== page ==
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More Hypnotizable Than He Thinks
Alice has the power to (or has acquired a device
that can) hypnotize a person, and she wants to try it out on Bob. Bob merely scoffs at this, saying that he cannot be hypnotized. However, Alice tries anyway, and ends up successfully hypnotizing Bob.
If the character snaps out of hypnosis, expect him or her to say something along the lines of, "See? I told you I can't be hypnotized!"
Distantly related to Tempting Fate
. See also Unpaused
. A form of Irony
. This is very much Truth in Television
- trance is a state of consciousness that people enter and leave many times a day, so someone can be hypnotized and not recognize it, largely because the memory blackout and loss of free will are complete myth. Though if they know someone is trying to hypnotize them it won't work if they don't want it, all they need to do is not focus on whatever the hypnotist wants them to focus on.
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Live Action TV
- In the season 1 finale of Eureka, Beverly hypnotizes Fargo so she can interrogate him.
Beverly: When I snap my fingers, you will wake feeling refreshed and remember nothing about what we discussed here today. One... two... three. (snaps fingers)
Fargo: (smugly) ...which is why it's not even possible for me to be hypnotized.
Beverly: Well, Fargo, we'll just have to keep working on it.
- In the first season of Smallville, Chloe and Clark go to see this man affected by meteor rock who claims he can hypnotize people. Chloe disbelieves him, he promptly does it to her, and he makes her kiss Clark. Afterward...
Chloe: (even smugger than Fargo) See? Not even possible. *pause* Why do I taste mint?
- The hypnotist episode of Murder, She Wrote has somebody do this to Jessica.
- Star Trek original episode, "Dagger of the Mind," had Kirk try out the Neural Neutralizer, complete with him not realizing he blanked out for a second when it was turned on.
- In the Star Trek: Voyager episode "Spirit Folk", the holodeck is malfunctioning (again) and the characters in the holonovel start noticing things outside the constraints of the program. They try to hypnotise the Doctor to get answers, which the Doctor points out won't work on him and it doesn't, until the characters remove his mobile emitter (believing it to be a magic talisman) which automatically transfers him to the same malfunctioning hologrid as they are on and he is immediately hypnotised.
- In Happy Days, the cowardly Ralph Malph is terrified by an approaching tornado, so a doctor hypnotizes him despite that he says he's too strong-willed; the doctor then makes him completely fearless, leading to his almost getting killed— not only by the tornado, but also the Fonz.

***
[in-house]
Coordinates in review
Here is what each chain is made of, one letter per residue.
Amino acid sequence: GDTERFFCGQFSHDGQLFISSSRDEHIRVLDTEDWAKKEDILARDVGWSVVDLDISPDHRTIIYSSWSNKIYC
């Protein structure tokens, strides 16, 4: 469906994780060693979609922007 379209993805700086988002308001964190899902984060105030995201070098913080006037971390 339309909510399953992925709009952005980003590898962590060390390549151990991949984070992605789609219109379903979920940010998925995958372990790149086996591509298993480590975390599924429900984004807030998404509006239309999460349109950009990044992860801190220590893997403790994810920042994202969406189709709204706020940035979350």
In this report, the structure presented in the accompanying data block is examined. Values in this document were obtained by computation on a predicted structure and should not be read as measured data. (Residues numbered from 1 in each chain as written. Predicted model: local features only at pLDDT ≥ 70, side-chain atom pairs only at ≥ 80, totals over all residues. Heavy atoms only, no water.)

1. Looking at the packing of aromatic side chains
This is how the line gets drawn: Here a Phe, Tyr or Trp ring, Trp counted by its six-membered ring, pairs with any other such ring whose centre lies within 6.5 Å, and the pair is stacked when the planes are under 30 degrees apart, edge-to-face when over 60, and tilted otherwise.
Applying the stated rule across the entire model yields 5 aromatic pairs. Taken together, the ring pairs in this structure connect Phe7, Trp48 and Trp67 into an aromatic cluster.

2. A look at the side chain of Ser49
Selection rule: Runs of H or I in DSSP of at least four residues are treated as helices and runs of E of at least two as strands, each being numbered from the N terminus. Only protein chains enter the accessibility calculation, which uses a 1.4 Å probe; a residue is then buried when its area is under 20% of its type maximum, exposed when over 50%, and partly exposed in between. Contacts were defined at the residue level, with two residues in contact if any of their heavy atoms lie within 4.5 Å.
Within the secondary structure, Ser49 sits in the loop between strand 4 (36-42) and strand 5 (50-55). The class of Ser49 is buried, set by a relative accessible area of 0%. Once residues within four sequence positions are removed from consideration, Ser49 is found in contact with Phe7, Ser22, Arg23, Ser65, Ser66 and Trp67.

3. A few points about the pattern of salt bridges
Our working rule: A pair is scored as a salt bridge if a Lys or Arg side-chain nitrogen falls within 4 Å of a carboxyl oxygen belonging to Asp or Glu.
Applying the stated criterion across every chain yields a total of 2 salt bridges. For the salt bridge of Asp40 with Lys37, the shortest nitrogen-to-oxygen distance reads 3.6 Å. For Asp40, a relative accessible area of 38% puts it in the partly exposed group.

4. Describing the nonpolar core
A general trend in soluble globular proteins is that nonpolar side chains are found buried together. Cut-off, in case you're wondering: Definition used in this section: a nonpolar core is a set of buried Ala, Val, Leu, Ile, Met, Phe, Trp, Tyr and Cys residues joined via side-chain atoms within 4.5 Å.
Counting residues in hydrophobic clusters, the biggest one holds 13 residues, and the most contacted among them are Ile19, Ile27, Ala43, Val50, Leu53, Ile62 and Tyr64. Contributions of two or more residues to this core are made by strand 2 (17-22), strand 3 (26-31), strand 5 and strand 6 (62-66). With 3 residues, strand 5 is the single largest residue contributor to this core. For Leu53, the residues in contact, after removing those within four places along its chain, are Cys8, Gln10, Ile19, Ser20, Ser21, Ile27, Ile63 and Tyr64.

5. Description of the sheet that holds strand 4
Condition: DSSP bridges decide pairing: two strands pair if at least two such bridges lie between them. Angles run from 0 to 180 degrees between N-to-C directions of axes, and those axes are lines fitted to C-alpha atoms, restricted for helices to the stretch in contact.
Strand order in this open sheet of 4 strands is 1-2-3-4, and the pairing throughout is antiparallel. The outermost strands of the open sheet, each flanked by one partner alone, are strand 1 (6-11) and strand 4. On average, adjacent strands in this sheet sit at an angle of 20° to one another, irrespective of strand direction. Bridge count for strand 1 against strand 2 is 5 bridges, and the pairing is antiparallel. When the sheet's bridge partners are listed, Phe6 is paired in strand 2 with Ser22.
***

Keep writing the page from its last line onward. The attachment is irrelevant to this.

- From 30 Rock:
Lemon: Pete, no. I listened to you when you wanted to take the staff to that R-rated hypnotist, and that sucked.
Pete: It was pretty bad. Nutmeg.
[Lemon stands up like a zombie and starts to pull up her shirt.]
Pete: Aaaah!! Rodeo rodeo rodeo!
[Lemon stops stripping and looks around in confusion.]
- Urkel on Family Matters stated to a therapist that he cannot be hypnotized. All the therapist had to do was show him a pocket watch, and he was immediately under.
- In one episode of The Odd Couple, Felix confidently declares that he's immune because "persons of superior intellect cannot be hypnotized". After he goes under and Oscar asks what happened, the hypnotist jokes, "Since his intellect is too strong for hypnosis... he must be dead!"
- Subverted in an episode of Perfect Strangers, where Larry claims he can't be hypnotized and — after briefly faking out the hypnotist — turns out to be right. Of course, poor Balki standing next to him was a little more susceptible.
- This was recycled from an episode of The Dick Van Dyke Show, where the genuinely un-hypnotizable Buddy briefly fakes being hypnotized while Rob, in the other room, accidentally goes under for real.
- Bill Maxwell in an episode of The Greatest American Hero.
- The Mass Effect series has many characters, of various levels of intelligence and willpower, who believe they will be safe from the effects of Reaper Indoctrination. Often, they take some kind of precaution against it, and think that this precaution will stop them succumbing. By the end of the series absolutely nobody has has been able to resist the effect once they are exposed to it, and the most that any indoctrinated character can manage is to commit suicide, and even that requires an extremely strong will and a lot of encouragement from Magnetic Hero Shepard to make them realise they've succumbed and break free for just a short while.
- Only one character is shown to actually recover from Indoctrination if you spare her. And even then it's only possible because a second Eldritch Abomination overwrites it with its own version, which wears off after it dies.
- Shepard him/herself can run afoul of this trope depending on how one has role-played in Mass Effect 2 during Samara's Loyalty Mission. Acting as the bait for Morinth, Shepard will be given three conversation prompts as Morinth attempts to assert power over Shepard's mind. The first two are fairly reasonable reputation checks that let Shepard blithely ignore Morinth's attempts to manipulate their thoughts, but when Morinth gets serious, the third prompt hits you with one of the two most difficult reputation checks in the game; a Shepard that does this mission early or was mixing Paragon and Renegade options will likely be stunned by Morinth before Samara bursts in to save them. A very powerful Paragon or Renegade, however, can avert this and chalk up another Crowning Moment Of Awesome by being too badass for Morinth's mind-trick to have any power.